When I left the staff room yesterday, I wanted to punch someone in the face. I really have no idea why I go there. Nothing good is ever said there (except at Friday Breakfast Club), but I wanted to sip my morning tea and gaze out at the sunshine.
A friend walked in who had been on a weekend trip with students. He was tired, dead tired, and another colleague greeted him with “Geez, you look like Hagrid!” He responded politely with, “Well good morning to you, too.” I wanted to throw in some levity and asked “Where is your dog? Wait a minute. What was his dog’s name again? I can’t believe I’ve forgotten this.”
Then it happened, that thing that pushed me over the edge. “I think Harry Potter is one of the worst books ever written. Its terrible!” exclaimed the teacher sitting next to me. The others holding court at the table began to chime in with their equally scathing assessments of JK Rowling. The one who was the most critical then pushed it a little bit further and said “It was so bad I couldn’t even make it through the first book.” It was unfortunate that the conversation had to go there.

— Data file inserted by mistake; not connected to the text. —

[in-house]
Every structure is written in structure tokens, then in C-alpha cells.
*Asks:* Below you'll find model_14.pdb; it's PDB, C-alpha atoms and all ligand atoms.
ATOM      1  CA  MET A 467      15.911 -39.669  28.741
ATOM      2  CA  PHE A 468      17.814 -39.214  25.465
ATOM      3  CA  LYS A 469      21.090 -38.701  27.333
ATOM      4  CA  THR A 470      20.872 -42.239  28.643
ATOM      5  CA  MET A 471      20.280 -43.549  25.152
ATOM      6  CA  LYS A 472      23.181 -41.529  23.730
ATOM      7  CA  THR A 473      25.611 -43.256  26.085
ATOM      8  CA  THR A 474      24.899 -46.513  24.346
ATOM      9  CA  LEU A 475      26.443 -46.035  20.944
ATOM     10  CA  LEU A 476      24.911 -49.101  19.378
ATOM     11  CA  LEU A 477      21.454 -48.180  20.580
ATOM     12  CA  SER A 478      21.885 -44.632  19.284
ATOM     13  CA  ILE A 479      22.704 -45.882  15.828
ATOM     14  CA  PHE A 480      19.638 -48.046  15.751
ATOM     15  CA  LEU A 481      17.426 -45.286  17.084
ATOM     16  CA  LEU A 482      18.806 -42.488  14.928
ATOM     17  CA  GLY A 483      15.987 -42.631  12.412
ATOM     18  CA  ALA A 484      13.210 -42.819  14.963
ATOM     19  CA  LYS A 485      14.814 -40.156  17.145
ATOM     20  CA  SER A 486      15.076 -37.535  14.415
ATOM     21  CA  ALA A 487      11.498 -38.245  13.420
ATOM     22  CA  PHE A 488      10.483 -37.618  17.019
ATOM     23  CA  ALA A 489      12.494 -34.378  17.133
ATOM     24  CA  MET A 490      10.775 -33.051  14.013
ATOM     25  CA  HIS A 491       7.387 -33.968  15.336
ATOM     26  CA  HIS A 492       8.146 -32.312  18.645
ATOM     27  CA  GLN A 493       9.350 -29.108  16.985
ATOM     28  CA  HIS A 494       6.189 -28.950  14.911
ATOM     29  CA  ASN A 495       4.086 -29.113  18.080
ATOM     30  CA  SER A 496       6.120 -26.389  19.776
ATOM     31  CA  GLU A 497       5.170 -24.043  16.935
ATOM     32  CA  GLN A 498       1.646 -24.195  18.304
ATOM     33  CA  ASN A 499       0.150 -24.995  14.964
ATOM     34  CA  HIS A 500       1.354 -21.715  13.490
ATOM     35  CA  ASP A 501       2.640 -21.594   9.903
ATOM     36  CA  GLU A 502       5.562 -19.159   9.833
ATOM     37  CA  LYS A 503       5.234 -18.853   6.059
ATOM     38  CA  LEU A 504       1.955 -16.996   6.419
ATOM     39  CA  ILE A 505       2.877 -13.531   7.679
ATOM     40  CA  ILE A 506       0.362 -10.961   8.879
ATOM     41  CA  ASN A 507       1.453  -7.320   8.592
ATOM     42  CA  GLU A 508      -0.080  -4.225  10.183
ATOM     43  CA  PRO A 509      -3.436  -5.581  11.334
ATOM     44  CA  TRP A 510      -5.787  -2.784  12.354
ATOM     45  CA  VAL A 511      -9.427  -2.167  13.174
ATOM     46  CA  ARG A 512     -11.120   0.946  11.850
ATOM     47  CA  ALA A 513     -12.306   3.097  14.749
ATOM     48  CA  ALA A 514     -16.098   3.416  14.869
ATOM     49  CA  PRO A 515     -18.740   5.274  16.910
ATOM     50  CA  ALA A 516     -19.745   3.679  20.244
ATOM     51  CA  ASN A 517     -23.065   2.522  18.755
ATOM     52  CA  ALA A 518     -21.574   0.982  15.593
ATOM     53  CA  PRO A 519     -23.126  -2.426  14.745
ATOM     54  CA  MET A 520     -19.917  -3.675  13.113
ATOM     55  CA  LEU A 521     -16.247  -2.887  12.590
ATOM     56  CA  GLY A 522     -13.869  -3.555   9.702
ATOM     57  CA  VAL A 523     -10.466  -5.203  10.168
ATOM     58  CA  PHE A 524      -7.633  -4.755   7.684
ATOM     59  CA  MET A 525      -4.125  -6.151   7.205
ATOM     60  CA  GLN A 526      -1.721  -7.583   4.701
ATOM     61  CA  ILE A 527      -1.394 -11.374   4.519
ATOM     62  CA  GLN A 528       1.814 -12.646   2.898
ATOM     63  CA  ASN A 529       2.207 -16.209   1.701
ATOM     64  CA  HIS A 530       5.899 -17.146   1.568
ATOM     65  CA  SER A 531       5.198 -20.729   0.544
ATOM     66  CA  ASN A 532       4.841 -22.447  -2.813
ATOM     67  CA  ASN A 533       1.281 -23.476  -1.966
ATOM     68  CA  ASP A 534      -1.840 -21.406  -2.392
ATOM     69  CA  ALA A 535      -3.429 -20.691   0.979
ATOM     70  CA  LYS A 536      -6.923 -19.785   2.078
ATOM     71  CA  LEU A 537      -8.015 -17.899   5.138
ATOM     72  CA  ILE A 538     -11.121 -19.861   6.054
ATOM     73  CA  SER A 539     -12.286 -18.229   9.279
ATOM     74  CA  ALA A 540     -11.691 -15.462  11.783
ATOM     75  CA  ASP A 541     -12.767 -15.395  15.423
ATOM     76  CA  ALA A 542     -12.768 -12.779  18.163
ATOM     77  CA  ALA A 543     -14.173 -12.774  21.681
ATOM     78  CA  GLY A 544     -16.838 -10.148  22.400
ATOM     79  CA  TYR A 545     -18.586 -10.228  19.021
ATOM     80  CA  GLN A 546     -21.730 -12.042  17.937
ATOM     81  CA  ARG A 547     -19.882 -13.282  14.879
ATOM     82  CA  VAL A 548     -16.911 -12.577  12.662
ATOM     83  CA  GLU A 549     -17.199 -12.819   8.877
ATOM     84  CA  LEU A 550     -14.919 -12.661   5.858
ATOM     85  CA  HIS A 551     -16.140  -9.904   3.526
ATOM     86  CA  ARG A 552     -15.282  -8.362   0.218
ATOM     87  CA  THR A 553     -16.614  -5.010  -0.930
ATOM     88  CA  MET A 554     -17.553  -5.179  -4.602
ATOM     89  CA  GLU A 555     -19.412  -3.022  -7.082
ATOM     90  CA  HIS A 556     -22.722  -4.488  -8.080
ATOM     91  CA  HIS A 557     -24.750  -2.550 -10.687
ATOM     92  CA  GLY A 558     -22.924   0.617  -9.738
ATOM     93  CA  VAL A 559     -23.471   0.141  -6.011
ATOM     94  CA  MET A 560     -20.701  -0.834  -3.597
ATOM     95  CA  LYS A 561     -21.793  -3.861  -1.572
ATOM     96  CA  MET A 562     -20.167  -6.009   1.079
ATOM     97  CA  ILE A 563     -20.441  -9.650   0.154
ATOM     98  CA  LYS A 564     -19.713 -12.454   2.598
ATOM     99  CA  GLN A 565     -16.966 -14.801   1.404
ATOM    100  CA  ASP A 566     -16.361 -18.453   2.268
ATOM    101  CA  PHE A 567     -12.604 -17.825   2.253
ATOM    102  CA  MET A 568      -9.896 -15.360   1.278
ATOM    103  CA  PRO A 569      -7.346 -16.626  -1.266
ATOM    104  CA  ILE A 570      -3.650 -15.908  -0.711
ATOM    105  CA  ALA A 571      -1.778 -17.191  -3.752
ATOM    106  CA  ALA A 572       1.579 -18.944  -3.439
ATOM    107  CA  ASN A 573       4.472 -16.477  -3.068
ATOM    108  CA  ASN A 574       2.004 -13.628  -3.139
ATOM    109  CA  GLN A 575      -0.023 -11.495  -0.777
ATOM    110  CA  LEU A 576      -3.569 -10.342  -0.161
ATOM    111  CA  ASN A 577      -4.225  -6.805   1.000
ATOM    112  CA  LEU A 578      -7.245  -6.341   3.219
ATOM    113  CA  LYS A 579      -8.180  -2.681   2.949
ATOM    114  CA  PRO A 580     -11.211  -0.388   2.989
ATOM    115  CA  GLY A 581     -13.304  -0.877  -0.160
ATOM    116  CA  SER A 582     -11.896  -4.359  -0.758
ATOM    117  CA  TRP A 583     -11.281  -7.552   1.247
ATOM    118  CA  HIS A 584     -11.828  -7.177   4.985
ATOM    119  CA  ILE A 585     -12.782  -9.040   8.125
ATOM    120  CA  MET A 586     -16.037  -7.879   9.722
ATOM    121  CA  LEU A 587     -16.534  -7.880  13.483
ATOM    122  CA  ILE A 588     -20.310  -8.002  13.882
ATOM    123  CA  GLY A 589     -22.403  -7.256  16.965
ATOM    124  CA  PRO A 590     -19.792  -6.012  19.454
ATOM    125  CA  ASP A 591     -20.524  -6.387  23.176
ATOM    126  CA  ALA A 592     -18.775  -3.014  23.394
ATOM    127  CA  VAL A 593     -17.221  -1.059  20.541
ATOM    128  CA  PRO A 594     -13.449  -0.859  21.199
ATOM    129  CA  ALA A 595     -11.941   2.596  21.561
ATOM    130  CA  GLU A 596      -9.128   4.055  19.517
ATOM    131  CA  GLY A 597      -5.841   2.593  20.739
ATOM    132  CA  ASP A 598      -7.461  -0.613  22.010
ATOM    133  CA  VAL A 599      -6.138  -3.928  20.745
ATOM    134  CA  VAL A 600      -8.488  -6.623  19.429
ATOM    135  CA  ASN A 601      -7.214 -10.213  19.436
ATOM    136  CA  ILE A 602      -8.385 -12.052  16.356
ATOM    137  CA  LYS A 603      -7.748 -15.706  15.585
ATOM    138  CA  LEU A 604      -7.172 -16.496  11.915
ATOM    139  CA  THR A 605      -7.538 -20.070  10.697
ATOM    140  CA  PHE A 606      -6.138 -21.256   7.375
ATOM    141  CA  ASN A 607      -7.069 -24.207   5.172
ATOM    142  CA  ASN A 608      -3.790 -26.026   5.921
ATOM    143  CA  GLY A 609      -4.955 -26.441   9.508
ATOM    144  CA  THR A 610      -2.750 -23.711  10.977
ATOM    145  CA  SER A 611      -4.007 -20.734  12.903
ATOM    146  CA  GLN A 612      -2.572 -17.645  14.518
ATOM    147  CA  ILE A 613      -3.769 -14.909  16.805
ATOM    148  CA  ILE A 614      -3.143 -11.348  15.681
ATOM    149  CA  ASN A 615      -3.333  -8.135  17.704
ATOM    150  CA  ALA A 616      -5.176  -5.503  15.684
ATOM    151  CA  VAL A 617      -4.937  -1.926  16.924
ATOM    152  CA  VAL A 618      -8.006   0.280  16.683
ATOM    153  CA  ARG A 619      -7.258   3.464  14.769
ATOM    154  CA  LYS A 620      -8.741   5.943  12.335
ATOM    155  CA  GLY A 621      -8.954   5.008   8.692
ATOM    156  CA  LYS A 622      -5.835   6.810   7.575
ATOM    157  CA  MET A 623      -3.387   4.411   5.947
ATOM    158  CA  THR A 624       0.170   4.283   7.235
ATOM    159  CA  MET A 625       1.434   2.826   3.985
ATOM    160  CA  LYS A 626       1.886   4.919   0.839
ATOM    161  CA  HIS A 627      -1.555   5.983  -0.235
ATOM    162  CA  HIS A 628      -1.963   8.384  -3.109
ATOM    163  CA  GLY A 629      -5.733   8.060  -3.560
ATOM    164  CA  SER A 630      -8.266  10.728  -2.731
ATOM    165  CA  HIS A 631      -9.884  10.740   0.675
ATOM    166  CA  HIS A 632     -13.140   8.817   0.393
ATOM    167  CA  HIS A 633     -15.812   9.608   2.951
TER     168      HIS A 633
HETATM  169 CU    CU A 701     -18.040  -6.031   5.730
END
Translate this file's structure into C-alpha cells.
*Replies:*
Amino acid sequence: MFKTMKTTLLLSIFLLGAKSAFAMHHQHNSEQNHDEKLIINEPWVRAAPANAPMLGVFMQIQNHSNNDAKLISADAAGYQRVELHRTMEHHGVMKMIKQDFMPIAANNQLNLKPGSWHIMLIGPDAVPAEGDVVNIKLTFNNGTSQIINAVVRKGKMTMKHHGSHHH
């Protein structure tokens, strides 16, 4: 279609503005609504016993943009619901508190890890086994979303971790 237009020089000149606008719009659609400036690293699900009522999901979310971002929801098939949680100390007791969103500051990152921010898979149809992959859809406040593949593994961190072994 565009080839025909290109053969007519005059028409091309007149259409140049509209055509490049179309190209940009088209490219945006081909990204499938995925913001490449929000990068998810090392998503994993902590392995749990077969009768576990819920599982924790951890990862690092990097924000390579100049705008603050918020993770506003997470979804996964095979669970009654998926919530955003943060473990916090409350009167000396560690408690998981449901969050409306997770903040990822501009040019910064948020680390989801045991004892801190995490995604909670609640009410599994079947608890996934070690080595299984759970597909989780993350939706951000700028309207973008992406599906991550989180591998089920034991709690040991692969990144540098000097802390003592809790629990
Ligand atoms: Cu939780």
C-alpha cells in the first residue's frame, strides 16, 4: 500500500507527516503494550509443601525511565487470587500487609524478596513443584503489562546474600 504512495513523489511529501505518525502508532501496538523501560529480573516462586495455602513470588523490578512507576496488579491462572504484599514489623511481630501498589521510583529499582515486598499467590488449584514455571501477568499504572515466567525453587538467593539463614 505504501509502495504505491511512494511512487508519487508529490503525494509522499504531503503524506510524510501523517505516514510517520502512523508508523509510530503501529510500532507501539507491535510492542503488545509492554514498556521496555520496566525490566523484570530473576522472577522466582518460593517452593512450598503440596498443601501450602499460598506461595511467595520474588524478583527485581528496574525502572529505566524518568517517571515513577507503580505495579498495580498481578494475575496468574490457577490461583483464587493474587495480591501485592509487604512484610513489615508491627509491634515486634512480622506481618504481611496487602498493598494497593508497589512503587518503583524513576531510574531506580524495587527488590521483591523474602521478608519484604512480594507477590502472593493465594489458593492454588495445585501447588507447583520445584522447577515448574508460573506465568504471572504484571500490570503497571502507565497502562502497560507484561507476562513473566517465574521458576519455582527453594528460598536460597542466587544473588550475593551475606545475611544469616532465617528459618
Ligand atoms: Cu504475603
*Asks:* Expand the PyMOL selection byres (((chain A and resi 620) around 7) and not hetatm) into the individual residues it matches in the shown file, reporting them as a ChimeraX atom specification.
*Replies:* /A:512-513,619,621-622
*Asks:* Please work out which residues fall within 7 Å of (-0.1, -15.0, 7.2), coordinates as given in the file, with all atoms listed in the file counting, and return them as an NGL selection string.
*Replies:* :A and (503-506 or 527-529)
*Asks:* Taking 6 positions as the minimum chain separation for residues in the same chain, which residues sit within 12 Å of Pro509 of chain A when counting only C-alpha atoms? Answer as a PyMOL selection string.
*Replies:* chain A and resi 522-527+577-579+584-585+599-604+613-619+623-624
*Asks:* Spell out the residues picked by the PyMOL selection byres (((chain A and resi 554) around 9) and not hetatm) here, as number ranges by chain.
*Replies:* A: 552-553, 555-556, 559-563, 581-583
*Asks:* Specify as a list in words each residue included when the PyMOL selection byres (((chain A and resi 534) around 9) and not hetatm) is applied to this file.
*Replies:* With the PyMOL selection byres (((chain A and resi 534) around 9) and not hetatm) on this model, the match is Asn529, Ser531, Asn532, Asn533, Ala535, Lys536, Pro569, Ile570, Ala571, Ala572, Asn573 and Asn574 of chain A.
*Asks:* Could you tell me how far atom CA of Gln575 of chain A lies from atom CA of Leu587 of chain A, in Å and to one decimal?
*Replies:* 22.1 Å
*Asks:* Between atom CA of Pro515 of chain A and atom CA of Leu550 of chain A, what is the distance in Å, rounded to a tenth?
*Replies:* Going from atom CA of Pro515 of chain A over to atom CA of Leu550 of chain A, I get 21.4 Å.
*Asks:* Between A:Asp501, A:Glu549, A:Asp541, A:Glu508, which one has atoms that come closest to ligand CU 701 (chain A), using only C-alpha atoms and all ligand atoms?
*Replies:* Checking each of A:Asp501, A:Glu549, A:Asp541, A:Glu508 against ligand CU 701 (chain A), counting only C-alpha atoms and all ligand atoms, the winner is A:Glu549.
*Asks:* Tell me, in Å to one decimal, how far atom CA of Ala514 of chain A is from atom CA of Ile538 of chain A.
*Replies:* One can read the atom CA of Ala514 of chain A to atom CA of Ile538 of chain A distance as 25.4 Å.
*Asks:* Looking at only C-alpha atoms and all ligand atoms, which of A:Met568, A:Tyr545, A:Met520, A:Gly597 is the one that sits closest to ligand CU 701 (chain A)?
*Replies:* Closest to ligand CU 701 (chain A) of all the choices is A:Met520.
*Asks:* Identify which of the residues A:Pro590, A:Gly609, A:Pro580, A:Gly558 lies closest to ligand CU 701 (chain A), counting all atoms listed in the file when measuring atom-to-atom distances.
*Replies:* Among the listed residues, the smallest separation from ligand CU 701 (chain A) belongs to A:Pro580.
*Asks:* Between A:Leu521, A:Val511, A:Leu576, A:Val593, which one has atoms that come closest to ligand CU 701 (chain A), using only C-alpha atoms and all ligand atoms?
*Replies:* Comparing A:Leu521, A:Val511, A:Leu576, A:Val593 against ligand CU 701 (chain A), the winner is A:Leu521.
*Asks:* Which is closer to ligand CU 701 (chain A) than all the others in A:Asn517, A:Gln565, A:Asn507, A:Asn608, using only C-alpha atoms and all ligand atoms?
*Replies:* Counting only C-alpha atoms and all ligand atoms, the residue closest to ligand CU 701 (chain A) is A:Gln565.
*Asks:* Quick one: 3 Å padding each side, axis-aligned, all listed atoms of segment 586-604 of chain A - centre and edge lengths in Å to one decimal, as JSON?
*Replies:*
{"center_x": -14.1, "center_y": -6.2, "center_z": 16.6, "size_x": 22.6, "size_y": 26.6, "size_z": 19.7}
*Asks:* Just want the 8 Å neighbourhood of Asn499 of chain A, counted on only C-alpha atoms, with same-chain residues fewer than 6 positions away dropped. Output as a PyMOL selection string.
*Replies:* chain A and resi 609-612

Now this isn’t the first time I have heard this kind of rubbish. The anti-Potter believes that JK Rowling is a terrible writer. They believe that marketing made the book sell, not her stories of friendship, coming of age, and adventure. Her characters, to them, are uninteresting, her vocabulary horrendous, the story…dumb. The anti-Potter believes that he or she is the true guard of the Literary Canon. They sit and trash this part of a book or that part, and after each bit of argument there can be heard rounds of “here, here”, “right oh, good chap”, “yes, yes”.
After all, how could any serious scholar of literature advocate that we should teach “Fantasy” to our students? Um…didn’t you crack pots ever read the Faerie Queen at University? Er…don’t we teach Midsummer Night’s Dream? And don’t forget we love to teach big bad monster stories too, like Frankenstein.